Will they ever get a job? Will they ever keep that job for more than a few months? Will they ever have enough money to pay their student loans and still be able to spend $100 a week on pot? Will they ever put their pants on the right way round at the first attempt?

Now it seems that something they do for recreation, in order to take their mind off their worries, is having increasingly worrying effects.

My hard-core reading of Psychology Today caused me to come across a pained and painful piece called "Porn-Induced Sexual Dysfunction is a Growing Problem."

The thesis behind this frightful news--supported by research performed in Italy and elsewhere--is that Internet porn desensitizes young men to such a degree that, when actually faced with a real human from their target sex group, they are entirely unable to participate as they should.
Indeed, research from the University of Padua in Italy suggested that erectile dysfunction due to excessive Web porn begins for many men in their teens. 70 percent of those young men who came to seek help for performance issues said they were Web porn habitues.

The weary and wise might offer that this problem must be psychological. Yet the researchers declare: "Hold on there, big brains."

For their belief is that Web porn simply numbs men's pleasure receptacles, desensitizing responses to the neurochemical dopamine. This is a chemical associated with reward and, in young men, researchers believe that gorging on Internet porn simply shuts down the physiological sense of reward from sex.

Because the Web allows for so many different--and, if the user so chooses--ever more intense stimulations, the mind-body continuum begins to feel nothing at all. Yes, it's a little like 15 minutes of "Keeping Up With the Kardashians."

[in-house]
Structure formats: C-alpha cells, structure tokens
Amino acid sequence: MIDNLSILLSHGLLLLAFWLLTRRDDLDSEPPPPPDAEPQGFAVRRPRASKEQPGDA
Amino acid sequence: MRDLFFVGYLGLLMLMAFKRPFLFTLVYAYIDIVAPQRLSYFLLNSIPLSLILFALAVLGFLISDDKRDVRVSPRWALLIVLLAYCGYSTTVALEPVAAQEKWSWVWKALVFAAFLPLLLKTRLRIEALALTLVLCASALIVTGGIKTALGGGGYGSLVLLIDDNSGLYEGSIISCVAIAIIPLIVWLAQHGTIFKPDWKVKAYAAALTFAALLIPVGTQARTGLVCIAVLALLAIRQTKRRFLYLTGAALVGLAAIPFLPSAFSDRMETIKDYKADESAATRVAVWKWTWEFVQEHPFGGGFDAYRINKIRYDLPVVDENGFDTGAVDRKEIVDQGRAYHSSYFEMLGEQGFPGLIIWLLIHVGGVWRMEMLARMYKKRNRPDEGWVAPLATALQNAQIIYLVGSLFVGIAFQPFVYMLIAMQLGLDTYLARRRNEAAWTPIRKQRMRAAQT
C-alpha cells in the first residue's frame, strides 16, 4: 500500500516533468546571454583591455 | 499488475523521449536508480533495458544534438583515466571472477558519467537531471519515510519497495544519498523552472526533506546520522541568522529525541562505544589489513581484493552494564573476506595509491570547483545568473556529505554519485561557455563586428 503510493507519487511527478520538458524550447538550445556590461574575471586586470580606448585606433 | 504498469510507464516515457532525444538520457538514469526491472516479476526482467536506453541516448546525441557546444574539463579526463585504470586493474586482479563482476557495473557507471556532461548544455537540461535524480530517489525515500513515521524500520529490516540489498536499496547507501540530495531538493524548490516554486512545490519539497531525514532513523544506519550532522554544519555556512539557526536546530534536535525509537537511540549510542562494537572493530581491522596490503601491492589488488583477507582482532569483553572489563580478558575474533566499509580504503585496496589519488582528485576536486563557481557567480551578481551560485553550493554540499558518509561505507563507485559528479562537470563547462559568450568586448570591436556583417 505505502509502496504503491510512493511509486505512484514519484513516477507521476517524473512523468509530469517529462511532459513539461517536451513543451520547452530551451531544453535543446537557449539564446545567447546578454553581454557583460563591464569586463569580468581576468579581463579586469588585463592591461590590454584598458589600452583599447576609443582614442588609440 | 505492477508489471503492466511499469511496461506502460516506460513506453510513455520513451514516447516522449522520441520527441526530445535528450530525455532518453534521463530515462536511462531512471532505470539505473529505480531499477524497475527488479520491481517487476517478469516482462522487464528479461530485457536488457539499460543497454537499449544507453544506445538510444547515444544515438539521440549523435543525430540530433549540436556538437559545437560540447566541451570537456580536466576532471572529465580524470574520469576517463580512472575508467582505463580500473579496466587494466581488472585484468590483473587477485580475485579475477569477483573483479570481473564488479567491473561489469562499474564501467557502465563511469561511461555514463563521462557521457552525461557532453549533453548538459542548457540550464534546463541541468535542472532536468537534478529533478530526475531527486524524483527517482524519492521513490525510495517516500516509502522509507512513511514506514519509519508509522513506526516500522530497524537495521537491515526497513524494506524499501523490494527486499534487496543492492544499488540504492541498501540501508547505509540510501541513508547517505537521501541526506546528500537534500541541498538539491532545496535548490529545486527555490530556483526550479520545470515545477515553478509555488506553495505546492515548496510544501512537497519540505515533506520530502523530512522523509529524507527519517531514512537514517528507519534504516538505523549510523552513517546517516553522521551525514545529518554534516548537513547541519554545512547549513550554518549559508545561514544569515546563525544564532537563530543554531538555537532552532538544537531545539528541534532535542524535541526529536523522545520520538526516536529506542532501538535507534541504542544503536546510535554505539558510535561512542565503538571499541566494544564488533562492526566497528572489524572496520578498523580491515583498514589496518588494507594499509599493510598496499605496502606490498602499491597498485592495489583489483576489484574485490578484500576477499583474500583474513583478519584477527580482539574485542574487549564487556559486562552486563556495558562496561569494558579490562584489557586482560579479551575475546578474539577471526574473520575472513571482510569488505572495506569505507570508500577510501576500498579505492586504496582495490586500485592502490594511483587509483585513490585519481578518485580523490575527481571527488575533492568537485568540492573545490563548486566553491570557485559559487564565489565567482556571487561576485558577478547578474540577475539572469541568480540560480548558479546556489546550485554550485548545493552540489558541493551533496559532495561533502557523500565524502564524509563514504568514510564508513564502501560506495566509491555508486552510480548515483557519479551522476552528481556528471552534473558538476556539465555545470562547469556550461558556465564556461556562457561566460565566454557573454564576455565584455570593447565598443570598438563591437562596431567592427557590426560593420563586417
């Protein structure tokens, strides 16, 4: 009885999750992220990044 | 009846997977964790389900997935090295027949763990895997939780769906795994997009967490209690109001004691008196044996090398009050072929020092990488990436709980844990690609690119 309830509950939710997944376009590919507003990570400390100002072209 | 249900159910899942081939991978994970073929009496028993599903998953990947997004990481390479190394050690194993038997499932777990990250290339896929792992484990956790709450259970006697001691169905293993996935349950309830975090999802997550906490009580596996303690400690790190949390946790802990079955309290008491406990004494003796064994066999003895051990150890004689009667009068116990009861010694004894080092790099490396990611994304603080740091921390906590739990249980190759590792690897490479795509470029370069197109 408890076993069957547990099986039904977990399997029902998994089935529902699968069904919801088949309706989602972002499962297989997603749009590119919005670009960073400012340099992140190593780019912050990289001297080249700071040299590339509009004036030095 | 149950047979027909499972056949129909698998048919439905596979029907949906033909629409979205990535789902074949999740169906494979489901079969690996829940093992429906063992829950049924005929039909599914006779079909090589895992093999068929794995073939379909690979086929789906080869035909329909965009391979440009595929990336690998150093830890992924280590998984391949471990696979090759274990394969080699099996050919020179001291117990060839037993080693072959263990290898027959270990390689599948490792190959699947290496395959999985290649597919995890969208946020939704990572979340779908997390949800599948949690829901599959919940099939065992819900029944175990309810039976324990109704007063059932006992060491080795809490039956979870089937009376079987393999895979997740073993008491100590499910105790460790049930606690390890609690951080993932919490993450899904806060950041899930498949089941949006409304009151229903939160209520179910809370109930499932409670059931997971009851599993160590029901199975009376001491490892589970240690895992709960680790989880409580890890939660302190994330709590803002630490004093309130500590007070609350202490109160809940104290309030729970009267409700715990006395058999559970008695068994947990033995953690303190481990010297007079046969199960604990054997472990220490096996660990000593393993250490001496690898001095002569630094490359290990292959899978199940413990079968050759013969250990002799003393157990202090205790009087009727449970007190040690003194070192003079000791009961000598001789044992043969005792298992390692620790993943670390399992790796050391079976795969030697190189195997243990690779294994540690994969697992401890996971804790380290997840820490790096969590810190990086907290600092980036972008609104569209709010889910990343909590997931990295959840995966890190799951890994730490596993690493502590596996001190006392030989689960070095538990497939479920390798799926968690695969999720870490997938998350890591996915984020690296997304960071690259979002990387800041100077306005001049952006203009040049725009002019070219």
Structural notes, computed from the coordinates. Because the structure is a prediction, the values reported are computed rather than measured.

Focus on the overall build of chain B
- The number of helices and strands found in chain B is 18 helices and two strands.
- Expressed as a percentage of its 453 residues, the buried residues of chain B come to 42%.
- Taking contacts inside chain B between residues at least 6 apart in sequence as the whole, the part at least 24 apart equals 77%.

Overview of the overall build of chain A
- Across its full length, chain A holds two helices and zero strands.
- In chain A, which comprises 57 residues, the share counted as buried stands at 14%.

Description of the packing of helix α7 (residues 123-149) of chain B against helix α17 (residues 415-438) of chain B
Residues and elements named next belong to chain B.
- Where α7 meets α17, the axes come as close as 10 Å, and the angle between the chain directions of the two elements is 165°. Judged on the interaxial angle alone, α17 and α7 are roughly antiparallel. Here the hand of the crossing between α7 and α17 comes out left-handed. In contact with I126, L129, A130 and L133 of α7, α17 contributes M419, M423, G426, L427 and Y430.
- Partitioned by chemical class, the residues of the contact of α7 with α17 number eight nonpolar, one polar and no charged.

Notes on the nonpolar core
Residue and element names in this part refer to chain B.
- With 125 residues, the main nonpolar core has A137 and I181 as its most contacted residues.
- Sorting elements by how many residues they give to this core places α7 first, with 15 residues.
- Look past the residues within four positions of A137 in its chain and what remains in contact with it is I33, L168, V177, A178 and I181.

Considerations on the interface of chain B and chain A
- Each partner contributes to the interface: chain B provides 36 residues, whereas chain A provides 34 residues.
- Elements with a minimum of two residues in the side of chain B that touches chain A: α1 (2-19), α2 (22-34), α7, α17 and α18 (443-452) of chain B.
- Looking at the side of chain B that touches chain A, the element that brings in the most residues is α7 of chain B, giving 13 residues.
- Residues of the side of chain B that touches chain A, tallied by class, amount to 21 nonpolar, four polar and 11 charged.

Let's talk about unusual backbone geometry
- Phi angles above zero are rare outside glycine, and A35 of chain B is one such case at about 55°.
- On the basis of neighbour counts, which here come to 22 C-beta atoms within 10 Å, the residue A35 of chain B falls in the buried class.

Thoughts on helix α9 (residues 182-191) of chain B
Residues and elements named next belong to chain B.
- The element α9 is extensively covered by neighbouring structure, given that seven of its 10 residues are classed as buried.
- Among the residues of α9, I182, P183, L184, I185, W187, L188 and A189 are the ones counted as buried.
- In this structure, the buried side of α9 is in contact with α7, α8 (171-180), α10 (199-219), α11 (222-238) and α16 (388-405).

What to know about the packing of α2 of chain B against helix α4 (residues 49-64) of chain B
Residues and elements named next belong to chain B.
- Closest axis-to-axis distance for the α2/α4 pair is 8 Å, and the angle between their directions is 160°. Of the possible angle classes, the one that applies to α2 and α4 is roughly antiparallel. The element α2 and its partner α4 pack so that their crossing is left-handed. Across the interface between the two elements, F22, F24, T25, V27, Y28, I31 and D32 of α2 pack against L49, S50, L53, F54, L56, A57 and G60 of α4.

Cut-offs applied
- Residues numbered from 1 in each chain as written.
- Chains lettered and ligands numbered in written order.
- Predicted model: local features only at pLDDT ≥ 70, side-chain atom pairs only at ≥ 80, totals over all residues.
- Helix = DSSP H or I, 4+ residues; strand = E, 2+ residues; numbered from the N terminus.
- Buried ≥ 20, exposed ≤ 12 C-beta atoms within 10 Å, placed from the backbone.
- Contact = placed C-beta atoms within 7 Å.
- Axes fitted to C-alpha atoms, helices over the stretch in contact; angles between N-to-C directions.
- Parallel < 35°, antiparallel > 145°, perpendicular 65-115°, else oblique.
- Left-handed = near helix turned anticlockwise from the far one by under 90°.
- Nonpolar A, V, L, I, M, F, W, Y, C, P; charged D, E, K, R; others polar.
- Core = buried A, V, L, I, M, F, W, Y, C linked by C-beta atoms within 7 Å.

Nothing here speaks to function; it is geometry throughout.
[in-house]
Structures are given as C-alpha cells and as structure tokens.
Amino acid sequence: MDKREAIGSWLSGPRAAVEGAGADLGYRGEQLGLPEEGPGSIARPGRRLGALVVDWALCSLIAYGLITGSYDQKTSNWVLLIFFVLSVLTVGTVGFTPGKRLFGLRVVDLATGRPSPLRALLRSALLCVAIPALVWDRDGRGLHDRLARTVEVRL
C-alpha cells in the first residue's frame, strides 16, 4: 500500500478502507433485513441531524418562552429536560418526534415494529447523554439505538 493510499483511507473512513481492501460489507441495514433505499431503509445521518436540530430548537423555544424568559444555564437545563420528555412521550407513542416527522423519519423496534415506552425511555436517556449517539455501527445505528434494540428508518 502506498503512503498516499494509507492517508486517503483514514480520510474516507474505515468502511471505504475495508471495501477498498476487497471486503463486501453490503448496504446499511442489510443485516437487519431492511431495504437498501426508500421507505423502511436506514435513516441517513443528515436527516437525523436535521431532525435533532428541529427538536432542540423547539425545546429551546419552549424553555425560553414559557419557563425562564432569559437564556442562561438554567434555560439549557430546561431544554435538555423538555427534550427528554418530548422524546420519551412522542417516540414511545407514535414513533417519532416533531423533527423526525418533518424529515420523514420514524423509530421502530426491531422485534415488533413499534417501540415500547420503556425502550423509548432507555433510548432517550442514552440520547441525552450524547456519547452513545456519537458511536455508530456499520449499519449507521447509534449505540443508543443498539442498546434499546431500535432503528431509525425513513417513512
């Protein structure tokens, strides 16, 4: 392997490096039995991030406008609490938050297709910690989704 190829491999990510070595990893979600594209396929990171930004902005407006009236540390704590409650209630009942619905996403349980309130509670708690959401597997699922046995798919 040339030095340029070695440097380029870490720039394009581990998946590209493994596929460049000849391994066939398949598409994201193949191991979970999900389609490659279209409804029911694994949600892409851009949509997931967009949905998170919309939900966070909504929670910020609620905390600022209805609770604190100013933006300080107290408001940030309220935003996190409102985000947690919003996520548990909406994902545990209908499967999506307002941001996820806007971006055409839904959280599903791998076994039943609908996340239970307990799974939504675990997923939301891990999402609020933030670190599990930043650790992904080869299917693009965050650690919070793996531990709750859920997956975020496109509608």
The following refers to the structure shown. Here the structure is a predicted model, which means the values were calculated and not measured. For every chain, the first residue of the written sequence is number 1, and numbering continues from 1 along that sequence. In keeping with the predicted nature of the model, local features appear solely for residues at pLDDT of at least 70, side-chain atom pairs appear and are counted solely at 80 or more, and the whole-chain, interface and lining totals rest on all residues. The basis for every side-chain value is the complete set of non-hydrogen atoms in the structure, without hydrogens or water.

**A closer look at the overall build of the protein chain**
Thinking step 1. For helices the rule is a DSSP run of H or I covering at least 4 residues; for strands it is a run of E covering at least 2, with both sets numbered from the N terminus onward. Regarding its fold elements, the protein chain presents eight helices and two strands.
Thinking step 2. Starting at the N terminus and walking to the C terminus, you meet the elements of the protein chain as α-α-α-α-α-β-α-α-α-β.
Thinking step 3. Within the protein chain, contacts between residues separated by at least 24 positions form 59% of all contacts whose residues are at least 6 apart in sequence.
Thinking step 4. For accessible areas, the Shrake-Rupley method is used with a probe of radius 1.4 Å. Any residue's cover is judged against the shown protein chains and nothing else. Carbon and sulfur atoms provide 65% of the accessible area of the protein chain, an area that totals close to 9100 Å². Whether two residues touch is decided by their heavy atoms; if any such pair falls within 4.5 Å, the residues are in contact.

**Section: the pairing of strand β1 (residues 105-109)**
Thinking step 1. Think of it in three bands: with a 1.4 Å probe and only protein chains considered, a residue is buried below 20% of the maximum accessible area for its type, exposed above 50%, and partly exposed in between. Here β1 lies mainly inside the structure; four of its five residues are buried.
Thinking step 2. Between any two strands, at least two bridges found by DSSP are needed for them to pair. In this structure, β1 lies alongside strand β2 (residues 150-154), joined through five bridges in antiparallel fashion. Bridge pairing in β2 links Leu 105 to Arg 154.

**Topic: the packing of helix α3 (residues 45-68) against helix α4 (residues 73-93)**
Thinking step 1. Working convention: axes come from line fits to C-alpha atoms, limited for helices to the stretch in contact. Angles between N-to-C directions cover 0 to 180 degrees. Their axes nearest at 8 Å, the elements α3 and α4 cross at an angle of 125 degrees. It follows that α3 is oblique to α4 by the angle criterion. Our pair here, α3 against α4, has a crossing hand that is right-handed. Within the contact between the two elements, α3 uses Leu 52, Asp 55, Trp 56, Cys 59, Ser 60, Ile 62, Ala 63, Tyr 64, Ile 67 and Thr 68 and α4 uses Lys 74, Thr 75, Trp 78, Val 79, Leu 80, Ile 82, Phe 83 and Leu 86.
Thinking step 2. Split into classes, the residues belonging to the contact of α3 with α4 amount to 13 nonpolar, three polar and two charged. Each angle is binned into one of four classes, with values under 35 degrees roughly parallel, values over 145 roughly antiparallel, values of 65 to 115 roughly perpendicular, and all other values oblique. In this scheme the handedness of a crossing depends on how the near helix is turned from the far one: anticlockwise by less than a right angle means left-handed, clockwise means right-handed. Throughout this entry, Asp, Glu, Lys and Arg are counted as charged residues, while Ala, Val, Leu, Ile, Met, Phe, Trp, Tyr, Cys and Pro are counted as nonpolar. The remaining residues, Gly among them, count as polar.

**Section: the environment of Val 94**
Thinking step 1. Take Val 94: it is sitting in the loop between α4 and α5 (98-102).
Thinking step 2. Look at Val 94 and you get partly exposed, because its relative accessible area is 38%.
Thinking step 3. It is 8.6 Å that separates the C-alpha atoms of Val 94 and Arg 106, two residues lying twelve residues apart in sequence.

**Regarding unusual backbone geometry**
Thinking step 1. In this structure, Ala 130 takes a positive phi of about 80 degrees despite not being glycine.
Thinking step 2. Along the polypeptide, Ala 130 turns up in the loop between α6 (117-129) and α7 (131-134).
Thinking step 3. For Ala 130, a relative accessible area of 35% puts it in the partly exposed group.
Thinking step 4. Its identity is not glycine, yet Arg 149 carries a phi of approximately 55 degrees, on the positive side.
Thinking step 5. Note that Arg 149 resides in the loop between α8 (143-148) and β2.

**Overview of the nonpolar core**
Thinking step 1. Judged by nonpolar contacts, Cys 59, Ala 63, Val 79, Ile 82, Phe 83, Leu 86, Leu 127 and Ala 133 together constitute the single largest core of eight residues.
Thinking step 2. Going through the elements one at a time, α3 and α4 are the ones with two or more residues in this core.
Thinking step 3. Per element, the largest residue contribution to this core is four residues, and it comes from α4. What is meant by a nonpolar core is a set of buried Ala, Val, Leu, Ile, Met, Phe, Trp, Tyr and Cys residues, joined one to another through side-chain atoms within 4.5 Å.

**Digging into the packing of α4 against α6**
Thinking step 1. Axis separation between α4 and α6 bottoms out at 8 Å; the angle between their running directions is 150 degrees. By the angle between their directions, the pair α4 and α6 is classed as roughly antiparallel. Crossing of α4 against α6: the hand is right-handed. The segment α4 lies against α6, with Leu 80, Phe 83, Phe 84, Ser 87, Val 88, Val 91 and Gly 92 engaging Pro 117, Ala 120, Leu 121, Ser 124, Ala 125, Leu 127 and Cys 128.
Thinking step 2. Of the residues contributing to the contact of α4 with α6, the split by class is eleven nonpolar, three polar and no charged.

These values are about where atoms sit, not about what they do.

It seems that when these young men are suddenly confronted with a real sexual encounter, the idea of coupling with a real human being feels suddenly numbing--and therefore frightening.

You might wonder what happens when young men try to wean themselves off their Web porn habits. Studies show that they experience all sorts of withdrawal pains, including insomnia and catchall flulike symptoms.

I know that the Web is supposed to be the repository of all that is open and shared and loving. It seems possible, though, that its very ease offers so much of a good thing that the put-upon males of Generation Y just can't cope, poor dears.

Perhaps all porn Web sites should exclude anyone under 35. For public health reasons, you understand.

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We're not exactly lacking in opportunities for Minority Report references these days, but sometimes they're just unavoidable. According to a new report from CNET based on documents obtained by the Electronic Privacy Information Center, the US Department of Homeland security is now working on a system dubbed FAST (or Future Attribute Screening Technology) that's designed to identify individuals who are most likely to commit a crime. That's not done with something as simple as facial recognition and background checks, however, but rather algorithms and an array of sensors and cameras that can detect both physiological and behavioral cues that are said to be "indicative of mal-intent." What's more, while the DHS says that it has no plans to actually deploy the system in public just yet, it has apparently already conducted a limited trial using DHS employees -- though no word on the results of how well it actually works, of course. Hit the source link below for the complete (albeit somewhat redacted) documents.

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